After hearing from both the Buffalo Municipal Housing Authority administration and its management company, Common Council members are no closer to understanding how some public housing tenants were left without heat and hot water in the middle of winter.
Shinda Management Corp. appeared before a Council committee two weeks ago, and BMHA Executive Director Dawn Sanders-Garrett appeared this week to answer questions about the utility problems.
But the Council will toss the matter to the BMHA Board of Commissioners because lawmakers still don't know who is responsible.
“According to Shinda, they followed through. According to BMHA, they didn’t,” said Council President Darius G. Pridgen. “When we close this investigation, I’m probably just as confused as when we opened."
Sanders-Garrett told the committee the authority met with Shinda “about our unhappiness ... We also have provided timeliness for corrective action and some of those actions have already been addressed.” BMHA also has set aside two units for families to move into if they have no heat and hot water from systems that cannot be repaired, she added.
When asked specifically about the disconnect between Shinda and the Housing Authority, it was “because the directive was not followed” by Shinda, she said.
“Our policy is to relocate that family" if a problem can't be fixed in 24 hours, Sanders-Garrett said, referring to tenants in two units without heat but who did not want to move into a hotel. “I understand that did not happen.”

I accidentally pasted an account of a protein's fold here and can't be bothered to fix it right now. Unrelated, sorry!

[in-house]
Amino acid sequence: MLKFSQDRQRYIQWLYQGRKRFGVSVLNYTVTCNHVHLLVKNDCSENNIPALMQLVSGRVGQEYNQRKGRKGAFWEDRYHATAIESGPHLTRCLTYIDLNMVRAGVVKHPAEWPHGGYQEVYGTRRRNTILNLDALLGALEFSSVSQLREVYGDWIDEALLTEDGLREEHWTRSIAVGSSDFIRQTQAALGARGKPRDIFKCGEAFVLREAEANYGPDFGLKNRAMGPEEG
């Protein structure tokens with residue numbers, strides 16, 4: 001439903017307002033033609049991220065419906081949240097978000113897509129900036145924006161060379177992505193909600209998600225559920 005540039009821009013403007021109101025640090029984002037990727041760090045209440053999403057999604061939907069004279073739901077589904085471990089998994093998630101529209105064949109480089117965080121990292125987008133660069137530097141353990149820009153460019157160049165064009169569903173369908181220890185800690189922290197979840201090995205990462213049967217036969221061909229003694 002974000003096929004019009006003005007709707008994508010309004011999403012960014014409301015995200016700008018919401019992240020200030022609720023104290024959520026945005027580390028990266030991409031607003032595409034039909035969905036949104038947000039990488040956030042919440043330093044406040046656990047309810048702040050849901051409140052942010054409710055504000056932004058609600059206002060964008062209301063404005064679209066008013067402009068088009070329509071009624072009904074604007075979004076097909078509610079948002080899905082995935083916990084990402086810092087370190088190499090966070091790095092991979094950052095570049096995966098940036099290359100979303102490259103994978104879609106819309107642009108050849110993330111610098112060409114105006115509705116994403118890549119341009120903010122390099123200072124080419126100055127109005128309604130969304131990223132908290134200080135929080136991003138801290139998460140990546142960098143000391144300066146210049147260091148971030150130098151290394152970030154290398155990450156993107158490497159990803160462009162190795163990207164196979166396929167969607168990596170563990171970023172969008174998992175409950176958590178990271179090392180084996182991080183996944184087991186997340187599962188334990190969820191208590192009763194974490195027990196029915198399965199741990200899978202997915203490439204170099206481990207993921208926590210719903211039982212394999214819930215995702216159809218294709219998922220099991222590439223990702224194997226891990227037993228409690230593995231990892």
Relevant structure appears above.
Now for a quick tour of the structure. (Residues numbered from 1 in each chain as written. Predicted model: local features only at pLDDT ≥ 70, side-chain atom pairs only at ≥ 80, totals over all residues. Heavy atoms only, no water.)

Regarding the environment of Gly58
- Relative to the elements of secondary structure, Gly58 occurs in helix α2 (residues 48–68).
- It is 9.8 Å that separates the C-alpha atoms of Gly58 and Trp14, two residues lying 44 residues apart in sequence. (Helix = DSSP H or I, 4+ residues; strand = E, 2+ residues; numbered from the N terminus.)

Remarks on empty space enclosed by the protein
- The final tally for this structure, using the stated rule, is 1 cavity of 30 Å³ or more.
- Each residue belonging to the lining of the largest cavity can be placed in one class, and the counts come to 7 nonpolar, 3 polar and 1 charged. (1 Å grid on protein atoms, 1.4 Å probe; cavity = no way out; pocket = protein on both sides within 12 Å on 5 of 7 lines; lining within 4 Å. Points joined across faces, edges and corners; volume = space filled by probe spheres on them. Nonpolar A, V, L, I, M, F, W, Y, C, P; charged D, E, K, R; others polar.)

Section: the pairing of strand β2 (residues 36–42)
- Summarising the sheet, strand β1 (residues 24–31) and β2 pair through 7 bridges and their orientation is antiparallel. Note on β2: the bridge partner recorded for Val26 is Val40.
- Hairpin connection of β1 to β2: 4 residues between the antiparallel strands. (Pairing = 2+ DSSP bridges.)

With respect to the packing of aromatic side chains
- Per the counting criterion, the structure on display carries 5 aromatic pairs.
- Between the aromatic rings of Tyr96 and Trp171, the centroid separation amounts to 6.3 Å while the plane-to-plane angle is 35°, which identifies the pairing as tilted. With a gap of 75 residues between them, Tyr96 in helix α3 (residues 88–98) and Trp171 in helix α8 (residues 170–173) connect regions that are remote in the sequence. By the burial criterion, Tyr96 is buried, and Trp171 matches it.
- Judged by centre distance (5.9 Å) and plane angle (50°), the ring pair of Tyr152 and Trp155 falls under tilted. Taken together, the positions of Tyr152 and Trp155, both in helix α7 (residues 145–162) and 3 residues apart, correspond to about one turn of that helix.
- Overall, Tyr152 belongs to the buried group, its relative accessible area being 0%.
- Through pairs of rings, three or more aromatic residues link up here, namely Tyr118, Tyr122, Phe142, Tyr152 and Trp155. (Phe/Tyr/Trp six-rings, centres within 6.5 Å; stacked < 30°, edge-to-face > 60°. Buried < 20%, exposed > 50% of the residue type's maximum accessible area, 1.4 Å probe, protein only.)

A “rather inconclusive” final report will be written, Pridgen said, “that will state what we were told by Shinda, what we were told by BMHA, and it will send a very strong letter to the BMHA board that will say that these type of problems need a system to be worked out.”
The lack of heat and hot water at some Frederick Douglass units stemmed from antiquated heating systems that could not be repaired and needed to be replaced. In one case, it would have cost more than $12,000 and Shinda needed BMHA approval for any expenditure over $5,000. The BMHA refused because the complex is slated for rehabilitation this spring.
Shinda ultimately was able to get a refurbished heating system for $3,500 – below the $5,000 threshold.
Still, Pridgen pointed out Tuesday, Shinda was told not to repair or replace the heating/hot water units and was not given further direction from BMHA after the tenants refused to relocate.
Meanwhile, a tenant leader at A.D. Price, also managed by Shinda, said they met with BMHA executives to work out problems with bugs, nonworking emergency response cords and other issues.
Story topics: BMHA